Viking Alumni Serve Abroad --"Giving Back"
The NSH Alumni Association is interested in hearing about what our alumni are up to! So we're starting a new section in our newsletter -
Viking Alumni Giving Back - to capture some of the ways our alumni are giving back locally, nationally, or in the global community. The focus of the series is to share with our members and friends what our alumni are doing, as well as to hopefully inspire current NSH students towards possible career paths that they might not have considered or perhaps known about. This first segment focuses on two alumnae who have given back through work in international relief or development. This field of work is very broad ranging from short term mission or project work that is often focused on disasters or emergencies to longer term development projects, both of which are done in lower-income developing countries all over the world. Here we focus on two alumni from the class of 1981, Kay Mattson and Marit (Parker) DiRado teammates on North's girls' basketball team that went to state in 1981. Kay works as an independent international consultant conducting assessments and/or evaluations primarily for public health and water, sanitation and hygiene projects and Marit works as a nurse in cancer care in the San Francisco area. This past year she worked in an Ebola Treatment Unit (ETU) for Partners in Health (International NGO) in Liberia. We asked them to share with us a little about their work.
Kay came to work in international public health as a second career after almost 20 years working in the US in human services and low-income housing. Her work has taken her to Haiti, the Maldives, South Sudan, Indonesia, the Philippines, Timor Leste and this past year to Vanuatu and India. Given her love of water she took the advice of many and developed a specialty focus on water, sanitation and hygiene. In 2011, she managed the emergency cholera response program for the NGO Mercy Corps in Haiti. Her team of 24 Haitian staff reached out to over 300,000 people in the central plateau of Haiti by providing education on how to prevent and treat cholera and providing access to water treatmentsupplies.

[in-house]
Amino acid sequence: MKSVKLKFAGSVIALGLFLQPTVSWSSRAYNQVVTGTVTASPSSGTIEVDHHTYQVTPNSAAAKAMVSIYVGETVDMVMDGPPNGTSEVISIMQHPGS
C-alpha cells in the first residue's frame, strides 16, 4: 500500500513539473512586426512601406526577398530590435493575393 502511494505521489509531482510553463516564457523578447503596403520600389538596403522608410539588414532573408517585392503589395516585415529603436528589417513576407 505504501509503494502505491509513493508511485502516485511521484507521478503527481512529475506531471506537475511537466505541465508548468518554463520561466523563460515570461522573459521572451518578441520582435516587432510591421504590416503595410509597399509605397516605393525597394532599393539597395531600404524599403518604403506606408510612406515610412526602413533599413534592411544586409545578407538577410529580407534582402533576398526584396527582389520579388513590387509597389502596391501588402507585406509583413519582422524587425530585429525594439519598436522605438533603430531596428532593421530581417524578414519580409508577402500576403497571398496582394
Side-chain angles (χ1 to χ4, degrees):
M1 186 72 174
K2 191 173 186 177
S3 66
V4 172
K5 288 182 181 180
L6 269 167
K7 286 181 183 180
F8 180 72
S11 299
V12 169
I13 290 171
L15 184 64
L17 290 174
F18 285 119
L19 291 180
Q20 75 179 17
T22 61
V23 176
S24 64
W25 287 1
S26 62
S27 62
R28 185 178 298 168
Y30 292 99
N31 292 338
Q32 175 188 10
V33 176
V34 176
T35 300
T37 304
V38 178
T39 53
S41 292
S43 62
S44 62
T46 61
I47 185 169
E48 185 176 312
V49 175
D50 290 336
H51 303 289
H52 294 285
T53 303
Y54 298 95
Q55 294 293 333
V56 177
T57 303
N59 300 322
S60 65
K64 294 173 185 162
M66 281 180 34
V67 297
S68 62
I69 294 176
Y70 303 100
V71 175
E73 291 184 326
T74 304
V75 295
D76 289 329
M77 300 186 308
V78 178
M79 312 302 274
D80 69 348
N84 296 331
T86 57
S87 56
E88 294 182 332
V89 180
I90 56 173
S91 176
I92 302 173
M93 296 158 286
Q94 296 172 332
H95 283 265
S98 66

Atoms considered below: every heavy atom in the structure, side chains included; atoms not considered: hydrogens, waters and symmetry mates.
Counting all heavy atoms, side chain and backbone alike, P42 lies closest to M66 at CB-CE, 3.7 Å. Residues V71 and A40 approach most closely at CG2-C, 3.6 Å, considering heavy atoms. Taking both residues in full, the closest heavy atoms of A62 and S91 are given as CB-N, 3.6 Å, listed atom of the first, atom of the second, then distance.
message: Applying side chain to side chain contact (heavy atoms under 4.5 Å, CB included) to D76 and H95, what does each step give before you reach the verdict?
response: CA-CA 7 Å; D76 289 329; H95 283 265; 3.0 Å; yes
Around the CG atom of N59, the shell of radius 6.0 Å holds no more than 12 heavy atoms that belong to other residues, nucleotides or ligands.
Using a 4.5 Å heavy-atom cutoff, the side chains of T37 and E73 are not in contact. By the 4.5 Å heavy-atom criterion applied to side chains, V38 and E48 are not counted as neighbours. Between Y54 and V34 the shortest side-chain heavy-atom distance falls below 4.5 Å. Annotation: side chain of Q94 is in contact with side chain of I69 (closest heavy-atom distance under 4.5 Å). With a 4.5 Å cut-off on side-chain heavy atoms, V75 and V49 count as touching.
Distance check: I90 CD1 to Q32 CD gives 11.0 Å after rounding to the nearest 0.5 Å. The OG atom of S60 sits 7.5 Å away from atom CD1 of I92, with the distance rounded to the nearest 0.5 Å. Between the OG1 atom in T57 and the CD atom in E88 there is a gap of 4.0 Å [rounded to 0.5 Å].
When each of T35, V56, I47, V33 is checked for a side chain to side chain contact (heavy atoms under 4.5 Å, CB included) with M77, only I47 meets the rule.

This past year she was in Vanuatu when Pam, a category 5 cyclone, hit the island country in the South Pacific. She safely rode it out in a secured house with other staff from the French Red Cross to awake in the morning to the massive destruction and instead of doing the planned evaluation work in the North, helped with relief efforts until the emergency staff arrived. As part of her work she says she gets to see a lot of toilets! With 1.1 billion people lacking access to a toilet in the world, something few in the US can relate to, she's motivated that perhaps her work will improve the effectiveness of projects that are working to increase access to toilets. Her advice for current NSH students interested in this field of work is to learn a second language (or two), to think critically, to listen well, to be able to solve problems using limited resources, and to have a sense of humor!
As a healthcare worker, Marit followed the news about the Ebola crisis as it evolved during 2014. In September an NPR story about the outbreak compelled her to fill out a generic USAID recruitment form. This was sent to different NGOs working on the crisis. She received follow up applications from a few NGO's but chose to go with Partners in Health after talking with Kay who had seen their work in Haiti, and after reading the book
Mountains Beyond Mountains about the founder Dr. Paul Farmer.
Marit arrived in Sierra Leone on February 1st after spending a week in Boston during "snowmaggedon" for orientation. When she and 17 other "clinicians" arrived in Freetown, they spent the first week at a World Health Organization training where they learned about the Ebola virus, how to treat it and how to safely "don and doff" the personal protection equipment (PPE). Marit then went to Port Loko where she worked for six weeks in an Ebola treatment unit (ETU).